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Oldest town in Colorado celebrates 170 years
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By Ernest Gurulé

In the year 1851, the United States was on only its thirteenth president. That man, who was also the leader of the long extinct Whig Party, was Millard Filmore. History no longer spends much time discussing Filmore’s record in the White House and few outside of Colorado give much thought to the year 1851. But something happened in Colorado that year and at the end of July, the town of San Luis will be celebrating it.

“We always get together for a festival,” said San Luis Mayor Tiffany Gallegos as she chatted recently on her cell phone while driving across the eponymously named Valley and to another meeting. The Festival, she said, is formally known as the Santa Ana y Santiago Fiesta and is set for the weekend of July 23-25. It marks the official birthday of Colorado’s oldest town.

A little history for newcomers to Colorado. Intrepid Hispanic settlers wandered north from what is now New Mexico and began settling southern Colorado along the Rio Culebra. Authorized by the Sangre de Cristo Land Grant, the town of San Luis was officially chartered on April 9, 1851. The settlers built a church in the middle of this new outpost, and on June 21st, officially celebrated the Feast of Saint Louis. Soon after, the town was christened San Luis de la Culebra. It remained a part of the Territory of New Mexico until 1861 when the Colorado Territory was officially established. San Luis remains the oldest continuously inhabited town in Colorado.

With few exceptions, including a couple of wars and, more recently, a worldwide pandemic, the festival has been an annual summertime rite of passage. Like small towns across America, this festival brings back friends and family, many of whom have left the town for greater opportunities but whose fondness for their old hometown brings them back.

For three days in July, there will be an influx of visitors to San Luis that may come close to equaling or even exceeding the town’s official population, estimated at around 800 full time residents. Sidewalks will be full for the parade. Some roads will be cleared of traffic for the planned and first-time 10K run. Three bands have committed to the Festival. There will also be a car show and fireworks. Gallegos said visitors can wander unobstructed through a sea of food, a farmers market, and vendors hawking everything from tee shirts to novelty items. There will also be a bounce house for children, face painters and all the trappings of a truly Spanish and American summertime celebration.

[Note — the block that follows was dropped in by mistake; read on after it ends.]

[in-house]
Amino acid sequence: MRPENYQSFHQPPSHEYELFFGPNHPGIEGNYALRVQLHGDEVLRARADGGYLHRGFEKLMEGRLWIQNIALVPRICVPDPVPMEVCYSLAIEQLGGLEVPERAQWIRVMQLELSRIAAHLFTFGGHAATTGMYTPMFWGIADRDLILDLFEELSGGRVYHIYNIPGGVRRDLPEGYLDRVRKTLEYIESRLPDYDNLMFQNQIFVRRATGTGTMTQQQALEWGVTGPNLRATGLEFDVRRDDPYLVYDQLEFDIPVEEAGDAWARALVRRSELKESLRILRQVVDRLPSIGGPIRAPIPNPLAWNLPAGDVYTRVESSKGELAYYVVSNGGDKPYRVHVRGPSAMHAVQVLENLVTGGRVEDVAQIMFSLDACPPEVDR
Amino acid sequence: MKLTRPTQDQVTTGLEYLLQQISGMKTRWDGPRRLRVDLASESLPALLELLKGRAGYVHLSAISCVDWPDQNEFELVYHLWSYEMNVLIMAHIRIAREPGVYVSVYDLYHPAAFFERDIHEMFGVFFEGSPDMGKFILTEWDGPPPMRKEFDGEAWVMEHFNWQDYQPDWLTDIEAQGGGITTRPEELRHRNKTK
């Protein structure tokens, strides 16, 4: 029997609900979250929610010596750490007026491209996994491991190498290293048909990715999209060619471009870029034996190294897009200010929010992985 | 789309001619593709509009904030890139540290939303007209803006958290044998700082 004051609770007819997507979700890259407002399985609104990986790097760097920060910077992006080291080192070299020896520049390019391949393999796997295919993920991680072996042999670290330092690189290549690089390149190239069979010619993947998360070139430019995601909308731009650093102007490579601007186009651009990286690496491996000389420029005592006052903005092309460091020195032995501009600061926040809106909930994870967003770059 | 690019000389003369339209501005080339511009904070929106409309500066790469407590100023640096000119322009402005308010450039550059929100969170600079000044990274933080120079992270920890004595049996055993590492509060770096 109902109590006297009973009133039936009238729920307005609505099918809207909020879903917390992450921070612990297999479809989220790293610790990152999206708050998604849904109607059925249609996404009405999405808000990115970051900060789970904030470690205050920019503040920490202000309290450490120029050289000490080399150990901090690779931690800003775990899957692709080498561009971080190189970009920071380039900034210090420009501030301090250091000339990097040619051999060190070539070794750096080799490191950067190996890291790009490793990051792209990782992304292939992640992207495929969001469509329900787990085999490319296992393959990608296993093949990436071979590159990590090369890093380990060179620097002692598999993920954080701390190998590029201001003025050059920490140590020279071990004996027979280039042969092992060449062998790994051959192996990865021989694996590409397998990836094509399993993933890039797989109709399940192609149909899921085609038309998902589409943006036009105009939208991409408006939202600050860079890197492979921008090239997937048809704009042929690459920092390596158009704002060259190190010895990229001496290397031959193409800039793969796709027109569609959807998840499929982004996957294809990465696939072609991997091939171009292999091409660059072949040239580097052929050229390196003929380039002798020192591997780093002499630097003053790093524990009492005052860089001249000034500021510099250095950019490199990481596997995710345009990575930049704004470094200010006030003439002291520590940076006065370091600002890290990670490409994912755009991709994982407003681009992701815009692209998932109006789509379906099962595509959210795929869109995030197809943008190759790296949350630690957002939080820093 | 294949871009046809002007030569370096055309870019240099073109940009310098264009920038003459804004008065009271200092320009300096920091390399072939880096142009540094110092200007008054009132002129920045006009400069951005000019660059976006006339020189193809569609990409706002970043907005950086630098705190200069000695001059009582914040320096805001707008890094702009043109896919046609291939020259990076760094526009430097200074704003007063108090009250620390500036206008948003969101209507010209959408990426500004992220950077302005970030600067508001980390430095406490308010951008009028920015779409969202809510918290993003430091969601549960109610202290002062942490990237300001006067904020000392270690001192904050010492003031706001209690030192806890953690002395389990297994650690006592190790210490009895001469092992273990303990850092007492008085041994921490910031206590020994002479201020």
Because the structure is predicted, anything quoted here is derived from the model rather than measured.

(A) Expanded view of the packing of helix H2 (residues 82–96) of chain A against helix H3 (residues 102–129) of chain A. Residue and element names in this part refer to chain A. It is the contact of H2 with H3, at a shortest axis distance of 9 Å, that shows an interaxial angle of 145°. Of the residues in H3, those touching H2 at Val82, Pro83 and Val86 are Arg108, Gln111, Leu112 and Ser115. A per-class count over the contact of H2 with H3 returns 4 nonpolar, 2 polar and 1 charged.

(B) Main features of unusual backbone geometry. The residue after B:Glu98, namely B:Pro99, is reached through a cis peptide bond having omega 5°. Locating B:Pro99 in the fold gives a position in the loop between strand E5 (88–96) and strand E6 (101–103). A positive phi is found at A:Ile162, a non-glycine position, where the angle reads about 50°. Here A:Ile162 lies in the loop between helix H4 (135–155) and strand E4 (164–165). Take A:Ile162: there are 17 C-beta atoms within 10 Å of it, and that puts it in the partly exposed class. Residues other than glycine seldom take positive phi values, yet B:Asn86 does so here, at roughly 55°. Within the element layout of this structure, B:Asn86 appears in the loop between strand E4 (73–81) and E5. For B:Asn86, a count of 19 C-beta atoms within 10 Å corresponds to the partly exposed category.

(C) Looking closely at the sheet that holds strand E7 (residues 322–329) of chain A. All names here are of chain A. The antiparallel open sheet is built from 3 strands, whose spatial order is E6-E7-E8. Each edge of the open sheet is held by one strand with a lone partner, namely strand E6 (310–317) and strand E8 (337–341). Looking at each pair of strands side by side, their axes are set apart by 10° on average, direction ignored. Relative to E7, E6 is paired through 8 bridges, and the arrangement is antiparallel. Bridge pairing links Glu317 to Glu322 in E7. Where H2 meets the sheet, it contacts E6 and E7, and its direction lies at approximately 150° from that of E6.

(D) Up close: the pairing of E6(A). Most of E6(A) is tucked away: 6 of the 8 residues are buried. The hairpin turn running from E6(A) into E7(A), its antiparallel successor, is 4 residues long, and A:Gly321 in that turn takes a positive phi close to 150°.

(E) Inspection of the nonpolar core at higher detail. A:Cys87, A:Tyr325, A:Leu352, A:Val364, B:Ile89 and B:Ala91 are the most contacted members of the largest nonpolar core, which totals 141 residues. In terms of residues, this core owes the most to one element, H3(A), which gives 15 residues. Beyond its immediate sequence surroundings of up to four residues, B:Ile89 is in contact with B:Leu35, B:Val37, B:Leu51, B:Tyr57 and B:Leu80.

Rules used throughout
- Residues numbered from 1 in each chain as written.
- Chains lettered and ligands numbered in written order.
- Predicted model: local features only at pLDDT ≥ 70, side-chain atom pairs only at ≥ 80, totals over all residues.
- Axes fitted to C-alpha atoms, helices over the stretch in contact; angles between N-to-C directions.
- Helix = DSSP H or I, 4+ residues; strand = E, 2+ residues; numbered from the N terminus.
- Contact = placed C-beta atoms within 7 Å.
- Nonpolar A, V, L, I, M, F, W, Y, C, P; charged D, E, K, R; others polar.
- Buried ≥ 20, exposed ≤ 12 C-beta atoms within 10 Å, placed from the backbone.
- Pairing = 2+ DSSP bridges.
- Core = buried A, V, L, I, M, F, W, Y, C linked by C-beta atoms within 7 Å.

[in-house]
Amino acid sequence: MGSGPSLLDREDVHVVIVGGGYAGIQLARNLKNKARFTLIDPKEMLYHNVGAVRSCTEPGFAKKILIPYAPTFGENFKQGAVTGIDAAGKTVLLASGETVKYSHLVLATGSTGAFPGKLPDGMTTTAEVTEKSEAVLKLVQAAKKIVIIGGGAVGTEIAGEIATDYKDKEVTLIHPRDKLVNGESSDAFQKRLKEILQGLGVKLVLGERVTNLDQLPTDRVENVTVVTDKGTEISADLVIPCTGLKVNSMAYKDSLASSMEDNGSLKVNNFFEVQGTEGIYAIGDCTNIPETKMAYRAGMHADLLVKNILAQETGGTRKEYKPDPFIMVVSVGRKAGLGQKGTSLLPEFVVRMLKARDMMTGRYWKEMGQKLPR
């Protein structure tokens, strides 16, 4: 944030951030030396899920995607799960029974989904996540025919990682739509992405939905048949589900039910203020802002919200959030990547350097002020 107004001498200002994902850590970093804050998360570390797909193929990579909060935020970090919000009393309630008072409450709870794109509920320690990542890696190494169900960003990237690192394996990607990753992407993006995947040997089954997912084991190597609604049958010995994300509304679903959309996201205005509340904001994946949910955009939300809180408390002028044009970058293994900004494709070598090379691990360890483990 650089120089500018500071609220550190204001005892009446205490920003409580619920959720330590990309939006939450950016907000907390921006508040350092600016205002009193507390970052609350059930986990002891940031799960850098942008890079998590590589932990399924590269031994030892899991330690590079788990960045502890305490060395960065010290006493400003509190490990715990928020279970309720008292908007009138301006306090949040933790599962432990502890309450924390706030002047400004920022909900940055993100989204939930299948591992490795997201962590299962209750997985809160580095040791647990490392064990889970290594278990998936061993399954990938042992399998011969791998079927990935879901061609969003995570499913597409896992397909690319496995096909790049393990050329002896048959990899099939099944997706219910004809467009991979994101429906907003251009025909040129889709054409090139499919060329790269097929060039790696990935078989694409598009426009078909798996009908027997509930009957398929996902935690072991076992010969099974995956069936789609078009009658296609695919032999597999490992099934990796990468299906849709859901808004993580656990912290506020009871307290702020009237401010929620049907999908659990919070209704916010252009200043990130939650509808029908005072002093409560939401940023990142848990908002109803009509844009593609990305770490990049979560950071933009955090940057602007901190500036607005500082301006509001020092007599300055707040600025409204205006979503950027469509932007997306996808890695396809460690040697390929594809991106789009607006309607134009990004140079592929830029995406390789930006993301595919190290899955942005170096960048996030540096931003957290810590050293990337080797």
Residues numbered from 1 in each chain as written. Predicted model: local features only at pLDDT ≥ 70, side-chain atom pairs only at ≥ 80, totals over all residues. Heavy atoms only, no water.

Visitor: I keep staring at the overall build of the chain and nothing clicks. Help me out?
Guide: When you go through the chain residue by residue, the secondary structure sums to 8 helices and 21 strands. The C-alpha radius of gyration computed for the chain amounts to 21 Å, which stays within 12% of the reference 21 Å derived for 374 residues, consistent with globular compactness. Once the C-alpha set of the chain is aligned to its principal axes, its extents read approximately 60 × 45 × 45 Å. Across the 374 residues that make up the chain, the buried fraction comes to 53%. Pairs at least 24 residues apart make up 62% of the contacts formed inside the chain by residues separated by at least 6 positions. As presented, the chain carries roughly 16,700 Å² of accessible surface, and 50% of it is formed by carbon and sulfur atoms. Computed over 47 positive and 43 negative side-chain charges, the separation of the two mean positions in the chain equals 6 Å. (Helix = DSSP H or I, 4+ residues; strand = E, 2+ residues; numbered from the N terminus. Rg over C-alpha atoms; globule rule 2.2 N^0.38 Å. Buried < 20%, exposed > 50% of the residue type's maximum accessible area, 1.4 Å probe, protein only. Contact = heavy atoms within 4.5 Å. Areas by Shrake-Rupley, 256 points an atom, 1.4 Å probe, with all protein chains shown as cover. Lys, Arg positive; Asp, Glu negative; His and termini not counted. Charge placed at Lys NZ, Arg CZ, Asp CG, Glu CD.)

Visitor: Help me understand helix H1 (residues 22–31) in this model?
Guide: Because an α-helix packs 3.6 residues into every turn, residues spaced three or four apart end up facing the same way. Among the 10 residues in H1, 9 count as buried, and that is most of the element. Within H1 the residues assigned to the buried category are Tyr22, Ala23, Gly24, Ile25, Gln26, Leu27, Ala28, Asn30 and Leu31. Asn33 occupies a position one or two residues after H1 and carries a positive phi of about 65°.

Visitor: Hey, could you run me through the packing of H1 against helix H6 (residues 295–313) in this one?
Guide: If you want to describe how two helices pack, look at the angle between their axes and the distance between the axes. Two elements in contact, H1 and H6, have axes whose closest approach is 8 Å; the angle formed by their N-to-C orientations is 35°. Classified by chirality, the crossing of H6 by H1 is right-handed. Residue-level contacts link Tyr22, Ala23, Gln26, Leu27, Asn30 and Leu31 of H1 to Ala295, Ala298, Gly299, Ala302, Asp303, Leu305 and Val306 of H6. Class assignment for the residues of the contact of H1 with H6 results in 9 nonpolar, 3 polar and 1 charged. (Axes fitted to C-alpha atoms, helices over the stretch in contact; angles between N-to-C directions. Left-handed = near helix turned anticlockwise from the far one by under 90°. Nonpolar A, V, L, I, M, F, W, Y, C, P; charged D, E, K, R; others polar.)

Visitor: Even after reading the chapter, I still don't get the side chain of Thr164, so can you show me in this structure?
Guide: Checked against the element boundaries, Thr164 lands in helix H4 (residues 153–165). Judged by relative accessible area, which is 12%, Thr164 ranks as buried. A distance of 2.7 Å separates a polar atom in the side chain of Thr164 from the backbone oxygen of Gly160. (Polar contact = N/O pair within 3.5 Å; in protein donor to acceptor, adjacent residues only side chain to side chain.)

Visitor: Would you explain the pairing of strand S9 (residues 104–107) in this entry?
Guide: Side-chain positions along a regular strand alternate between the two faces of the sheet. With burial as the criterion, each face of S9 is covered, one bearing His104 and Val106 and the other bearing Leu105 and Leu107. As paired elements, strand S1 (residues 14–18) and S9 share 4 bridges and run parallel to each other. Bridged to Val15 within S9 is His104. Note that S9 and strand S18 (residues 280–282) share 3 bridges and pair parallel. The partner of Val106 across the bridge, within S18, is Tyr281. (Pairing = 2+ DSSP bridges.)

Because the town’s earliest settlers were Catholic and were responsible for bringing the church and its teachings to the Valley, the unofficial start of the Festival will include a mass in nearby Chama. There will also be a potluck the next night featuring a concert. Another mass will take place on Saturday morning at St. Ann’s Church.

Gallegos’ goal is to restore the luster to the Festival. “We’re a whole new board (of trustees). We’re all younger than the previous board. They never wanted to put much effort into it…we just don’t want to turn (the town) into a ghost town,” she said. The 10K run, set for the last day of the Festival, has already attracted interest in a number of out-of-town runners who like the idea of competing at 8,000 feet above sea level. The finish line for runners is at “the top of the Shrine,” the town’s Stations of the Cross monument.

Gallegos, like so many of the town’s residents, has deep roots in San Luis. She is a fourth generation resident but has family whose roots go even deeper. A long ago relative “was one of the founding folks,” she said. Her family also started the Romero Grocery Store, a town cornerstone and gathering place.

For residents of the town, including many who can trace family back to the first Festival, the town has a magnetic draw that keeps them there or keeps them coming back. Gallegos has both long ago and current family members, a few of whom actually built Capilla de los Santos. Other residents can say the same, only their families had a hand in building the town’s very first church in La Plaza de Medio.

While countless natives of San Luis have left the town for college, marriage or to seek opportunities that it cannot provide, holidays, anniversaries and, certainly, funerals bring them back. The Festival provides an opportunity to return on a high note and become reacquainted with old friends and old times.

Mark your calendars for the last full weekend of July, Gallegos tells San Luis residents and tourists. It may not be Colorado’s biggest or most ornate festival, but it is the oldest. San Luis is calling. “You can leave town and come back ten years later---maybe more---and there’s just something about it that doesn’t change,” said the Mayor. “It’s still home.”

For more information on San Luis or the Festival, visit





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